On 3/16/17, Blurred Culture got a special invite from our friend Jamie Kent to spend the day on a pair of riverboat cruise showcases on Lady Bird Lake. We support all of our friends, and gladly accepted an invite. In a slight departure from the rest of our SXSW coverage, because there was so much music showcased on both cruises, each cruise will have a general overview with links to separate pages hosting artist photo galleries and video clips that were were able to capture. The evening cruise review, photos and video clips can be accessed by CLICKING HERE. To access photo galleries (and video clips when available), click on the photo of the artist.
For the past several years, Americana singer-songwriter Jamie Kent has been hosting a Riverboat Cruise showcase. For his 2017 installment, he hosted two separate showcases. The afternoon cruise was distinctly Americana, and for the next 3 hours attendees would be treated to a total of 8 different artists.
Now, getting onto the boat to enjoy the musical offerings would prove to be the only criticism I have for the event. As I arrived, there was a particularly long line hoping to board the boat. If I were to guess, there were at least two hundred people waiting in line. Less than half of them would actually board the vessel. But once you boarded, you were greeted with free beer (or wine) and wonderful music.
As soon as the boat set sail, the first performer, Eric Erdman, began playing in the lower deck. Dressed sharply in black slacks, vest and bowler hat, with a deep purple shirt, he played a gentle acoustic set that helped the audience get into a musical mood. Though the boat was bustling with people waiting in line to procure the free booze and/or snatch up some of the sponsored goodies on the table across from him, he focused on his music, got in the zone and sang with the passion that only true artists possess.
Where the lower deck started with mellow vibes, the upper deck was definitely more rocking. Anthony Peebles, backed by Jamie Kent’s band mates, was particularly impressive as the opening set for the early afternoon. Whether it was the genial stage presence or his confident demeanor, my friend who accompanied me on this outing made it a point to note that she really enjoyed Anthony’s performance, and she isn’t necessarily the Americana type. For me, I was particularly draw to his voice which seemed to carry very well, especially when he hit notes in his upper register.
Of both the afternoon and the evening showcases, there was only one solo, featured female artist: Lindsey Thompson. Husband, Will Thompson, joined her for a song (and she also played with Will for his set later on the cruise), but I certainly enjoyed her brief performance. She got a nice timbre to her alto voice and with her singing her country tinged folk, I definitely got some nice K.D. Lang vibes from her. I certainly wouldn’t have minded a longer set from her … and if I weren’t working the event, I would have definitely had a seat with a nice glass of wine to enjoy her dulcet tones.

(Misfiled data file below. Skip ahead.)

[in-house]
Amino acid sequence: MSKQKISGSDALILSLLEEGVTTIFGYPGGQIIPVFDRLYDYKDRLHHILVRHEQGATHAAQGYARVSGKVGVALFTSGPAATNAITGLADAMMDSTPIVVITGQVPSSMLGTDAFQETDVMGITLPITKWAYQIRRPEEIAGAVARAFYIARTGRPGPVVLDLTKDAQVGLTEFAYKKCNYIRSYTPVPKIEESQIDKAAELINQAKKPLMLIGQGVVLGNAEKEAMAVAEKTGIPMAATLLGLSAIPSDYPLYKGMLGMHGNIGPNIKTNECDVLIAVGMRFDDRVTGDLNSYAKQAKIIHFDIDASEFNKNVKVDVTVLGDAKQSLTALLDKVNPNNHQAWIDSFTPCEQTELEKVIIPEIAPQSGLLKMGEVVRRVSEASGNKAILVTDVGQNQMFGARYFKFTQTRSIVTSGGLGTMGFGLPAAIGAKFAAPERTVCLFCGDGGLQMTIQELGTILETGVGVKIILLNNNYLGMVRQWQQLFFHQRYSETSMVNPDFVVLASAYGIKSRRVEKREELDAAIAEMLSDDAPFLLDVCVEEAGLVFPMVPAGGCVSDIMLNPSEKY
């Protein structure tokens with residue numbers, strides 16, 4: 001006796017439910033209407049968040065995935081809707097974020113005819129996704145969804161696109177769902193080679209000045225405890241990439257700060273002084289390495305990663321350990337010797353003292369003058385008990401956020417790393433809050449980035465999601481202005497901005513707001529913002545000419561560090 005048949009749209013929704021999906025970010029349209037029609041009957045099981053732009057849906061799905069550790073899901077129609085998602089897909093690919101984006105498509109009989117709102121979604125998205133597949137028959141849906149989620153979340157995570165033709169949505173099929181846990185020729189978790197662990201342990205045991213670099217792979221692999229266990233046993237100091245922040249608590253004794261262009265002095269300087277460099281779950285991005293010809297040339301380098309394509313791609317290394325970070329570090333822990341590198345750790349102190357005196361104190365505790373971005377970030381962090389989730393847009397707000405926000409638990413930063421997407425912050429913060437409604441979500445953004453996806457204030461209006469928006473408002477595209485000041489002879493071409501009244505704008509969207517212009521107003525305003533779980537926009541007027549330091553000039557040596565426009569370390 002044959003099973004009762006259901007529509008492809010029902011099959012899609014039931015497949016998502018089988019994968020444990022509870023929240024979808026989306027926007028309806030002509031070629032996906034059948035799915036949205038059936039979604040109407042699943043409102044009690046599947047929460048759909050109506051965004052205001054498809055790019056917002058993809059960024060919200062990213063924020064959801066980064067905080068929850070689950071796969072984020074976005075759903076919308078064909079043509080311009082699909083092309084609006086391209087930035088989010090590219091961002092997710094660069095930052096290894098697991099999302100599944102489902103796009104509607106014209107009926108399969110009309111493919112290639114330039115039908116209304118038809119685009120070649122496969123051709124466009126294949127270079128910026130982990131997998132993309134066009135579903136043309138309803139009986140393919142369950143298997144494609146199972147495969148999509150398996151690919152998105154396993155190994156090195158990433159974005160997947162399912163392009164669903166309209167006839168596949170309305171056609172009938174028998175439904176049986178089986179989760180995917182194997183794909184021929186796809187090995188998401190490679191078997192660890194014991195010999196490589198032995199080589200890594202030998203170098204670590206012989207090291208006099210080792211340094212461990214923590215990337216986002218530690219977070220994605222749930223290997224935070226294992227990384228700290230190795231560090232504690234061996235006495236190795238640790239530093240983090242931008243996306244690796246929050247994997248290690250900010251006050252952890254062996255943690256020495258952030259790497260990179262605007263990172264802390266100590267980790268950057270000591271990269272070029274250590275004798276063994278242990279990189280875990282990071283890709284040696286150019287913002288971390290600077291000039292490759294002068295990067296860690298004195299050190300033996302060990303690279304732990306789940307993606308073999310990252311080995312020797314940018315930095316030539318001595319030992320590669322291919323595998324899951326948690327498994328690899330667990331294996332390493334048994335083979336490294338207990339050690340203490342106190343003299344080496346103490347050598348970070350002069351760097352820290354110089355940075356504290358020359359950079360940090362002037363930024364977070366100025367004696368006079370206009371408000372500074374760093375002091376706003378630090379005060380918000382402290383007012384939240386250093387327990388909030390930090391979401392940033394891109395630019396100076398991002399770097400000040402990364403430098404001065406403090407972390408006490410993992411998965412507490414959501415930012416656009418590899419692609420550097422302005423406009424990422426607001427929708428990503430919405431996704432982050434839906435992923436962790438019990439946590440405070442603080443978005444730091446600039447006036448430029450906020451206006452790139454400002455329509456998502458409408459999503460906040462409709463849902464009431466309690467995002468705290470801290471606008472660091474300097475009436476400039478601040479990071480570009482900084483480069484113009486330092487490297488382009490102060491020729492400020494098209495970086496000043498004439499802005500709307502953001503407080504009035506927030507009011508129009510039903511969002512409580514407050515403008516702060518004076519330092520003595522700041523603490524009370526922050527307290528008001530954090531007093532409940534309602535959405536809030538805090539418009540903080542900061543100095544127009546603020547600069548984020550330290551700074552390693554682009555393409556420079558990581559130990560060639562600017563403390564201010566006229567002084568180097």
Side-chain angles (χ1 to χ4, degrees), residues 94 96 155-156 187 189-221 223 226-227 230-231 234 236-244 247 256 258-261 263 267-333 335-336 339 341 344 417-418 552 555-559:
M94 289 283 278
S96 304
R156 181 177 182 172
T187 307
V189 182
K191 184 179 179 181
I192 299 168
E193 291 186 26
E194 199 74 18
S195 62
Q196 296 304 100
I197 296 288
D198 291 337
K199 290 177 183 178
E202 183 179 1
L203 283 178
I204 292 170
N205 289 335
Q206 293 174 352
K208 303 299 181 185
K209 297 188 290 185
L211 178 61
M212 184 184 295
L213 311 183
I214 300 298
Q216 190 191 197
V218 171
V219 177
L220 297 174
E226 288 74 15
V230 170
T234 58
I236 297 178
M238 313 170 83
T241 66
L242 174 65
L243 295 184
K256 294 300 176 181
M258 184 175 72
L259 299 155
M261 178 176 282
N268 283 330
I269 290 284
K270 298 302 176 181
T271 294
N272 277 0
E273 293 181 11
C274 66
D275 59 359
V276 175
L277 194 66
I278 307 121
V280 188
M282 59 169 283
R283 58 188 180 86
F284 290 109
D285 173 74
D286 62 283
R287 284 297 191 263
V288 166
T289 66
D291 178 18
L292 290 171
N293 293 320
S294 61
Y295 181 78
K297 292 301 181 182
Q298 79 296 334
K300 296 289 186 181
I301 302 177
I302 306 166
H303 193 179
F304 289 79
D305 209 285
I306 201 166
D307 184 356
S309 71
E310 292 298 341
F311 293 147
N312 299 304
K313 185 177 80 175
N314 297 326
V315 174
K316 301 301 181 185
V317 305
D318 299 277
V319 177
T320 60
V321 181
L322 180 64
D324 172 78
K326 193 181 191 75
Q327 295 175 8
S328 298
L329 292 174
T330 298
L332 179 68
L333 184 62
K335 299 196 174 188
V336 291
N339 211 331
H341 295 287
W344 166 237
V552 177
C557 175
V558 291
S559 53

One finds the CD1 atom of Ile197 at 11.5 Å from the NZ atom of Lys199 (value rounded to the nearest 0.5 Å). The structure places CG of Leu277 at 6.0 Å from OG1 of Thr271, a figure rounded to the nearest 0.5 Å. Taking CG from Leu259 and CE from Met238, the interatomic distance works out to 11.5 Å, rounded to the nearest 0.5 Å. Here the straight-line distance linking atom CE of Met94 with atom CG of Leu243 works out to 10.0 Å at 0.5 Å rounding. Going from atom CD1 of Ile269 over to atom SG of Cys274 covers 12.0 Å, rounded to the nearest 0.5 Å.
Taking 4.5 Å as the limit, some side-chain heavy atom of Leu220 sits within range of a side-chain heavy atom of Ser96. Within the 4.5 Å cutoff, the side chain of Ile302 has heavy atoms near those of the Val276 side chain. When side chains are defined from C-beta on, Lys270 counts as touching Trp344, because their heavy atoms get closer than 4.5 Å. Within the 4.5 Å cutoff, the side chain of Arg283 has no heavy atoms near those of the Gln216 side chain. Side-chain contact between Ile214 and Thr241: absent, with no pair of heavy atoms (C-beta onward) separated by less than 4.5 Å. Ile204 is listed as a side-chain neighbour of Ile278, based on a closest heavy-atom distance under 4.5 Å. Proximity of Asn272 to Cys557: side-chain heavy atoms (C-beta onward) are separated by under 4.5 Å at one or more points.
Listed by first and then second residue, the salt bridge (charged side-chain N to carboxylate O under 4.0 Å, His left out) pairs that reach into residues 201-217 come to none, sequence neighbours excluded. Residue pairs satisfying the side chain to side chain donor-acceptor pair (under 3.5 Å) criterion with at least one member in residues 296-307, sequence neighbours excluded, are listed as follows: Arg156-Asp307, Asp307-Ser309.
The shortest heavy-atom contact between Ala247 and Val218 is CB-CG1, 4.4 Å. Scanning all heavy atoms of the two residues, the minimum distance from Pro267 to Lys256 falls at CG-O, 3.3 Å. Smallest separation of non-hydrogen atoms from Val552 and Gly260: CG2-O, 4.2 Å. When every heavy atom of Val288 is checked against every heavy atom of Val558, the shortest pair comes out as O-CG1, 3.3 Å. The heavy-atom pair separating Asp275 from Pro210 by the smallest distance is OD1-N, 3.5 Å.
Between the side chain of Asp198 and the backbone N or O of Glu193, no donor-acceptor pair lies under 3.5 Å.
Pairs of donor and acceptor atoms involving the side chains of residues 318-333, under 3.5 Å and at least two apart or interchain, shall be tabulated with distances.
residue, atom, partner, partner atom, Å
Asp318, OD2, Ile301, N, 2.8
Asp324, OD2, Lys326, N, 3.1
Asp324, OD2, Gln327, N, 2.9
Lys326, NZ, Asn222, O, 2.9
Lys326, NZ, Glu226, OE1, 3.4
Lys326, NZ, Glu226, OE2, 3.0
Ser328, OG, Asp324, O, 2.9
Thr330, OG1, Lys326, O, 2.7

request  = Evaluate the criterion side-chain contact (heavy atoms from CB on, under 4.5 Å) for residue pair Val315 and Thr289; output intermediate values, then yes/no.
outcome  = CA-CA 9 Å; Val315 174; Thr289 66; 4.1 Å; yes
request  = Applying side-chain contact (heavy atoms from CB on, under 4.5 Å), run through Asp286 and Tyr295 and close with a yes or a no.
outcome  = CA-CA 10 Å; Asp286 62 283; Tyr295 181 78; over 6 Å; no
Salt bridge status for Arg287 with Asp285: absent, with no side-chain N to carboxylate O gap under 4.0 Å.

For someone who organized and hosted both of the riverboat excursions, one could have anticipated that Jamie would have slotted himself for one of the “headline” spots on either cruise. But having some time with him, I kinda knew that that wouldn’t be the case. He’s the kind of fella who likes to let his friend shine, so he put his set right in the middle of the festivities. No worries though, cause Jamie’s performance speaks for itself. He’s a born showman who knows how to work an audience; and with killer songs to play, it really doesn’t need to be said that he fully entertained the crowd during his 30 minutes.
Downstairs in the lower deck, the energy was picking up when Kenny Taylor gave guests at the bar a sampling of his acoustic pop-rock vibes. Though the mood of his music was upbeat, I noticed particularly emotional lyrics. The only notes that I wrote on this performance in my iPhone notes was “melancholy happiness”. Does that make sense? Perhaps the notes are reaching a bit considering that Kenny’s performance (like all of the other lower acoustic performances) were only 15 minutes in length, but there was obviously something there for me to want to pull out my phone to write a note. Hmmmm…
Will Thompson seems to embody the essence of country. During his performance, he spoke a little bit about his struggle to keep music in his life, professing that there was a point when his prospects look dim. But with some good fortune, and good friends, he got his inspiration back, recorded a new album, “Turn It Up”, and expressed how grateful he was to be in Austin, performing, of all places, on a boat to new ears. When he sang, he sang with an earnest honesty that is a hallmark of good country music.
Other than Jamie, there was only one other artist to perform on both showcases: Nick D’Virgilio. Known more for his drumming skills (he was one of of two drummer chosen to replace Phil Collins in Genesis on the Calling All Station album and has done session work with Tears for Fears), Nick used his 2 fifteen minutes sets to flex his musical chops playing toned down acoustics melodies. A far departure from his progressive rock credentials, but perfectly suited as the final set in the lower deck.
Closing out the music for the afternoon riverboat showcase was the Dallax, TX based band Vandoliers. With cowpunk making more and more headways every year- the return of X certainly helped- Vandolier’s music seems to be in the right place at the right time. Their alt-country sound has been molded by their aggregate punk experience, and served as an energized ending to the afternoon showcase.
Each of the artists donated tracks to a compilation album to give away to each others fans and support each other as independent artists. If you’d like to get a FREE copy of the “Riverboat SXSW Mix” compilation album CLICK HERE RIGHT NOW.